Knees have also become an increasingly effective weapon for Diaz over the years. He really weighs down on his foe in the clinch and is active with hard knees to the body and head. Diaz will also look to snap his opponent’s head down into the front headlock position, where he can deliver more knees (GIF). Against Pettis, Diaz was particularly brutal in pushing his foe’s head down to meet knees, wearing on Pettis and making him slow down considerably.
A major part of Diaz’s strategy revolves around capitalizing on his opponent’s fatigue. Early on, he’s more hittable, as Diaz is still finding the range himself and is not the quickest fighter. However, as the fight wears on, it becomes Diaz who lands cleanly, and his opponent will often come up within inches of Diaz’s chin.
Missing punches is tiring as well.
Diaz exhausts his opponent’s largely by never allowing them to rest. For most athletes, an MMA fight is a series of sprints. Conor McGregor, for example, will step in with a big combination or kick — a sprint, if you will — and then return to his stance and movement, recovering until the next big assault.
Meanwhile, Diaz handles the fight like it’s another triathlon. He stays on his opponent at all times, feinting, jabbing, or countering constantly. He may never run quite as fast as the sprinter, but Diaz often catches up and takes the lead when his foe no longer has the chance to take a breather.
Wrestling has long been the other path to victory opposite a Diaz brother, though it is still a dangerous road to walk. As for Nate Diaz, he’s definitely improved on his offensive and defensive takedowns, but it’s still not his forte.
On occasion, Diaz will shoot for a double leg takedown against the fence. It’s not always set up well and Diaz’s posture isn’t great, but he is actually fairly effective if he manages to get in on his opponent’s hips and lock his hands. Again, that’s the benefit of long arms in a wrestling exchange.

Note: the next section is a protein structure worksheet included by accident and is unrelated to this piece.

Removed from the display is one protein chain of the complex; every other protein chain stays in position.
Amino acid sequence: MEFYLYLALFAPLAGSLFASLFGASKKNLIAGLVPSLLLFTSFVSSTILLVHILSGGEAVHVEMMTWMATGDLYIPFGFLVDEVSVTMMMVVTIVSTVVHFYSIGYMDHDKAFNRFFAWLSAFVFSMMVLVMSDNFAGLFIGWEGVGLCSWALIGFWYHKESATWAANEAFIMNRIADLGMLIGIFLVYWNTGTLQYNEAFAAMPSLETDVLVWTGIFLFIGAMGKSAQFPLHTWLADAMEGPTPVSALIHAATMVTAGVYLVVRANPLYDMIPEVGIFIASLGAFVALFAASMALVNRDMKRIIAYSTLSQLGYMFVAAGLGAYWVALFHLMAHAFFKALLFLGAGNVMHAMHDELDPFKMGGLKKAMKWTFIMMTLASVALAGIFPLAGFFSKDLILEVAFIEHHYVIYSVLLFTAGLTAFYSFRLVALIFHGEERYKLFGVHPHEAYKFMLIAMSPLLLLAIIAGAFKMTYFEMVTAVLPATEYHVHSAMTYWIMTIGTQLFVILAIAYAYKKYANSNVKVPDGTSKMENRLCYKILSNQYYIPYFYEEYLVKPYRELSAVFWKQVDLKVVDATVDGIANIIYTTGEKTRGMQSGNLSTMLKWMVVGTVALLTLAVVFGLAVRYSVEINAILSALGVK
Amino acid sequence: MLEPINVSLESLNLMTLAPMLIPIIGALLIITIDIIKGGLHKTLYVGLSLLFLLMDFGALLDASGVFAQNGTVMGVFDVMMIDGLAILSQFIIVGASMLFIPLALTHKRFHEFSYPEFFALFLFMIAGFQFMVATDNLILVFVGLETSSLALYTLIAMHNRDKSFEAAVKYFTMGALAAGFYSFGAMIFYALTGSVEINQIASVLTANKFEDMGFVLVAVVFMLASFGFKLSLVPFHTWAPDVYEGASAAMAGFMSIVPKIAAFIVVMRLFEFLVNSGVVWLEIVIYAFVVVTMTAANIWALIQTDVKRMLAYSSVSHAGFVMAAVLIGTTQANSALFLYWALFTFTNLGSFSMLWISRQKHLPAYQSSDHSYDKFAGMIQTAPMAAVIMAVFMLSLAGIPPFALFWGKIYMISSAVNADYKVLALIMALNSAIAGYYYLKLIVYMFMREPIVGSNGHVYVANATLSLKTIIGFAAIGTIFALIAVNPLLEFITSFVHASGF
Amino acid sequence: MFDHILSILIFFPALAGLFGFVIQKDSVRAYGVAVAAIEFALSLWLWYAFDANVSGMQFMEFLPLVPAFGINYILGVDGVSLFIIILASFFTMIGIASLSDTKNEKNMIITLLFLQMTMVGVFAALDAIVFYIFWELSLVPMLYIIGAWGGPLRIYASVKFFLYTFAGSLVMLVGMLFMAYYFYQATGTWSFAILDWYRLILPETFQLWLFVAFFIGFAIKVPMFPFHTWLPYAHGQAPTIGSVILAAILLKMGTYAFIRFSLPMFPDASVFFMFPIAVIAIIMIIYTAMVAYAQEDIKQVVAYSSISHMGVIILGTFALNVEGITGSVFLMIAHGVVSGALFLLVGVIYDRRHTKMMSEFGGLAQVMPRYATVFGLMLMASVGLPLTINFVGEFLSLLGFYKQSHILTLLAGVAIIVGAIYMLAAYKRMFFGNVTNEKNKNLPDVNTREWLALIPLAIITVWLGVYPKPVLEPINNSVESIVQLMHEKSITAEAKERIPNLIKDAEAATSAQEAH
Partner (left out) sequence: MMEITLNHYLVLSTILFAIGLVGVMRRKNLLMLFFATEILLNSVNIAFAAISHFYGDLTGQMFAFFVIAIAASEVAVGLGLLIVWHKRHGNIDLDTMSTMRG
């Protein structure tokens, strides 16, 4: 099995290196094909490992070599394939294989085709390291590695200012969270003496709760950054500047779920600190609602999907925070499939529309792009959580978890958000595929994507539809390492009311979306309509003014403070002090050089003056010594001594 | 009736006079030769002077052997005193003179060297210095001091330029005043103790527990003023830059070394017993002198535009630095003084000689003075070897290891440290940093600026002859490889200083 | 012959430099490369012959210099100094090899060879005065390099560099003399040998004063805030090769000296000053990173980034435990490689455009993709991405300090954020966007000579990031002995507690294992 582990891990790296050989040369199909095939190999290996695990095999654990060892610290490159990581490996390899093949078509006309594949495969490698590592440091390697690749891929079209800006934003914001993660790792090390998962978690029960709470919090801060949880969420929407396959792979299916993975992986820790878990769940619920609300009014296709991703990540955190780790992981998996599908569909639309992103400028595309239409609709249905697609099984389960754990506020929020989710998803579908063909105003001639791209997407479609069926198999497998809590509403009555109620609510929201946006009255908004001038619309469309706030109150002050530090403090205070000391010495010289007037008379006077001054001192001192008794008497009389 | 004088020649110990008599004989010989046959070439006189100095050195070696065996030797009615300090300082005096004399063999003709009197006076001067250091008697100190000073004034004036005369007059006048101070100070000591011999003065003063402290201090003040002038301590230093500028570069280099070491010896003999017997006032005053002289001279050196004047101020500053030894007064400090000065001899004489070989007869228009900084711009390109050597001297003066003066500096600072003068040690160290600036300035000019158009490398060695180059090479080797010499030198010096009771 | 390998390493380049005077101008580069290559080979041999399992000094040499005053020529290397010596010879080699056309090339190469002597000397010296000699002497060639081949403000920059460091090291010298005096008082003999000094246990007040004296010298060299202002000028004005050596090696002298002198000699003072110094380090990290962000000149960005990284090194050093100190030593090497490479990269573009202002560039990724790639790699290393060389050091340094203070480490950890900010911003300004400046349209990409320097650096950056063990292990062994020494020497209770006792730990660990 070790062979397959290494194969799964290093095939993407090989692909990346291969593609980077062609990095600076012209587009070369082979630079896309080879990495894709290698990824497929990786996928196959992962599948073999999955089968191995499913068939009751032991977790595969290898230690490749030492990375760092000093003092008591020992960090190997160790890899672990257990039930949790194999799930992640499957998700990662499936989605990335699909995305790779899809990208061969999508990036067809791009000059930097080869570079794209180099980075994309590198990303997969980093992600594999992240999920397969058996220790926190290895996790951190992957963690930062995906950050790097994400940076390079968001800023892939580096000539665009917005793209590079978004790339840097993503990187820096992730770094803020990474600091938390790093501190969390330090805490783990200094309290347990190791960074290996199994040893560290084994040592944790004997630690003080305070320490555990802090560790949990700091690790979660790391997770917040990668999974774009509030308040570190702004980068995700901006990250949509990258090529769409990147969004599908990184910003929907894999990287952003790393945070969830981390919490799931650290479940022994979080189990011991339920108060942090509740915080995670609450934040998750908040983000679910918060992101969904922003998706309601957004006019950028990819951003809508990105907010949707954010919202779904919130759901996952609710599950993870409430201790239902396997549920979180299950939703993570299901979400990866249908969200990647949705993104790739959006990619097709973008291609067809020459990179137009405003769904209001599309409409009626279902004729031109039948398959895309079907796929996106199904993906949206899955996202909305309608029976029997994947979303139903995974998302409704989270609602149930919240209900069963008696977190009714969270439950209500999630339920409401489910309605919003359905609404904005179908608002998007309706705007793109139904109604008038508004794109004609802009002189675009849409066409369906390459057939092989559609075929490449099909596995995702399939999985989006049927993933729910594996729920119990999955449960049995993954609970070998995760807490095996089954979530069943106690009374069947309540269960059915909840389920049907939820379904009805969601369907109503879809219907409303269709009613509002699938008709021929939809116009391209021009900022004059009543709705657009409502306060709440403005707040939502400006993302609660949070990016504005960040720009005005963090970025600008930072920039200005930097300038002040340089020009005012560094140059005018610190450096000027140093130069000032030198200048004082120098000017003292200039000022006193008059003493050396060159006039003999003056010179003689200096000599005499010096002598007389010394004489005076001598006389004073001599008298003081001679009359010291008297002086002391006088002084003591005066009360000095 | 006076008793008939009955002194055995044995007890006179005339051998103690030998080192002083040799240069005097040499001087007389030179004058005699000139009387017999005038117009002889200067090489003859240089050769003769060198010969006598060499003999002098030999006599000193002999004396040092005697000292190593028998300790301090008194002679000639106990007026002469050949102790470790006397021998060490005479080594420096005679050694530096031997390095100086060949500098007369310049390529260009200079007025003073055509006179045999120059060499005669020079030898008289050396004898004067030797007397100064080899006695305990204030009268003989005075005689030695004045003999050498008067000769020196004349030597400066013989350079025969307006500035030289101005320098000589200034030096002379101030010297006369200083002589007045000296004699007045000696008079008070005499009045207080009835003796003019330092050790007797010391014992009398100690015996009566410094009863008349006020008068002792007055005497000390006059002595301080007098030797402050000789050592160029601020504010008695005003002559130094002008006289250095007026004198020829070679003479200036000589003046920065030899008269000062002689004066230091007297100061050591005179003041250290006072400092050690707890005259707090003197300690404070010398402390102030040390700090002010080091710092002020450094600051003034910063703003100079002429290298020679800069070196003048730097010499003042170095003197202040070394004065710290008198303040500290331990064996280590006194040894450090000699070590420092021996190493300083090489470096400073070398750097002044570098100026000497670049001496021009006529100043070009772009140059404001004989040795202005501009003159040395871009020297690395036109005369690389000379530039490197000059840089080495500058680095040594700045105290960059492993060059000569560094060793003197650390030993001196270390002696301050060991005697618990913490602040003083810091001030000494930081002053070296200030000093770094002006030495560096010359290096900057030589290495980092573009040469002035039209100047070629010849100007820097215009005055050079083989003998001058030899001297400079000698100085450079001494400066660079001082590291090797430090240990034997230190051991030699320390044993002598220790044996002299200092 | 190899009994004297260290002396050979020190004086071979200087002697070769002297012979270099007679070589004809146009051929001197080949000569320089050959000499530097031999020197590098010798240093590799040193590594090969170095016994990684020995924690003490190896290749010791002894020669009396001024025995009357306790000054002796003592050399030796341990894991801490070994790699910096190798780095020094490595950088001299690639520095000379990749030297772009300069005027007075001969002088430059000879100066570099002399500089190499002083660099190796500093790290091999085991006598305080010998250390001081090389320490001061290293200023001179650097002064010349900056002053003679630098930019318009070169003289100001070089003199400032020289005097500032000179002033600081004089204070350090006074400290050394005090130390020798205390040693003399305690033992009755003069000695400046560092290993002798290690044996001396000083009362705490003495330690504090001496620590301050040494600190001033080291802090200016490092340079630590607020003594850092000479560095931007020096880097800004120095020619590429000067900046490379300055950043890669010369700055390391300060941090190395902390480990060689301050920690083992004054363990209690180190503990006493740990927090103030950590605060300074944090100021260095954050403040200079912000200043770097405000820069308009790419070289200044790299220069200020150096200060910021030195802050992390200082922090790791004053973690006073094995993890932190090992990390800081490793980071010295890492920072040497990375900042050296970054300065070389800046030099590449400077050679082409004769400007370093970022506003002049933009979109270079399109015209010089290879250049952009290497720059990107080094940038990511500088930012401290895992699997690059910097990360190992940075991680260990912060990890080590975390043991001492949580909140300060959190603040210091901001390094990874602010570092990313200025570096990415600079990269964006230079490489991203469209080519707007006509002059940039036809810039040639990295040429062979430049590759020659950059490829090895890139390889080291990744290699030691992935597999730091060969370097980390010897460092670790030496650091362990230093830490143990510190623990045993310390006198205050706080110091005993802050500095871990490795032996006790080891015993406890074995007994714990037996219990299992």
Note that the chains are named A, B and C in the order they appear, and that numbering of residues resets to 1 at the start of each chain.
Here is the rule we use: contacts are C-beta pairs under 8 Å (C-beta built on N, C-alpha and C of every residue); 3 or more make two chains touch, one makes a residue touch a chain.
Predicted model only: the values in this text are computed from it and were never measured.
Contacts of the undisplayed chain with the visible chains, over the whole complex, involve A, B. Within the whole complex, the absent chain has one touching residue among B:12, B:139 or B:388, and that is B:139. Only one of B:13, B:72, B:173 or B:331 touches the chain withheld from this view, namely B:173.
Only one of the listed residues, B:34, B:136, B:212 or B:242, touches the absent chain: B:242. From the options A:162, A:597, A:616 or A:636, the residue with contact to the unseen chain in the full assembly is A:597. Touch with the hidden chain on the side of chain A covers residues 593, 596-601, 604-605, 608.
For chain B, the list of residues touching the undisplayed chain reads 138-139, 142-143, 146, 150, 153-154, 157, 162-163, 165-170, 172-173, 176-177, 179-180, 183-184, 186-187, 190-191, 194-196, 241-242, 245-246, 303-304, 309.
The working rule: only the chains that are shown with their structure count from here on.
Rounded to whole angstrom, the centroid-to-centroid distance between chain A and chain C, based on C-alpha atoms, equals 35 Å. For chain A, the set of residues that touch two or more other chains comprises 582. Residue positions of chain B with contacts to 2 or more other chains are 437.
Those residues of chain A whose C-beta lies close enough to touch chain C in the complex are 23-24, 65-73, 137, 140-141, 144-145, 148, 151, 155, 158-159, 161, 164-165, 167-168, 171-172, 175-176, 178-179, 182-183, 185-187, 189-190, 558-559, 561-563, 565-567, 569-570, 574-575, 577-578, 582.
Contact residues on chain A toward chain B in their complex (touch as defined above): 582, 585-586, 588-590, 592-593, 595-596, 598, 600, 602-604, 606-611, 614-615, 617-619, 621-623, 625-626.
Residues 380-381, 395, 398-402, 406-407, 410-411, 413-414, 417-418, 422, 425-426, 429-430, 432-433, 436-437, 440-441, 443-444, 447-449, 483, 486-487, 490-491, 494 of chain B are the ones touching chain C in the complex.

Diaz has some experience in Judo and Sambo, and that shines through in his clinch work. He occasionally will work for trips, but Diaz does his best with hip tosses. Utilizing his opponent’s underhook against him, Diaz will step across his opponent’s body and flip him over (GIF). Additionally, Diaz has utilized a similar throw after digging under the body lock, as both throws take advantage of his opponent’s attempts to hold onto the clinch/force a takedown (GIF).
In Diaz’s first bout with McGregor, he showed some solid instinct to catch one of McGregor’s kicks and land a quick takedown. He lifted his leg to check what was actually a body kick, but it ended up working out for him. The raised leg trapped McGregor’s kick a bit, allowing Diaz to get a solid grip and land the single leg dump.
At Welterweight, Diaz doesn’t seem terribly difficult to drag down. Part of his improvement at Lightweight in the tail end of his 155-pound career was because of his ability to make the most of his size and length to stop shots, then capitalize on his clinch experience.
At Welterweight, he’s much more vulnerable to being manhandled. Jorge Masvidal was able to land takedowns with relative ease, and Leon Edwards really outworked him in the clinch. Over and over, “Rocky” was able to shuck towards the back and start tripping out Diaz’s base.
That’s a bad sign against Chimaev, who love nothing more than muscling his opponents around from the rear waist lock.
A jiu-jitsu black belt under Cesar Gracie is an impressive accomplishment. Diaz has secured 12 submission wins, often after first stunning his opponents with strikes or exhausting them from a high-pace battle.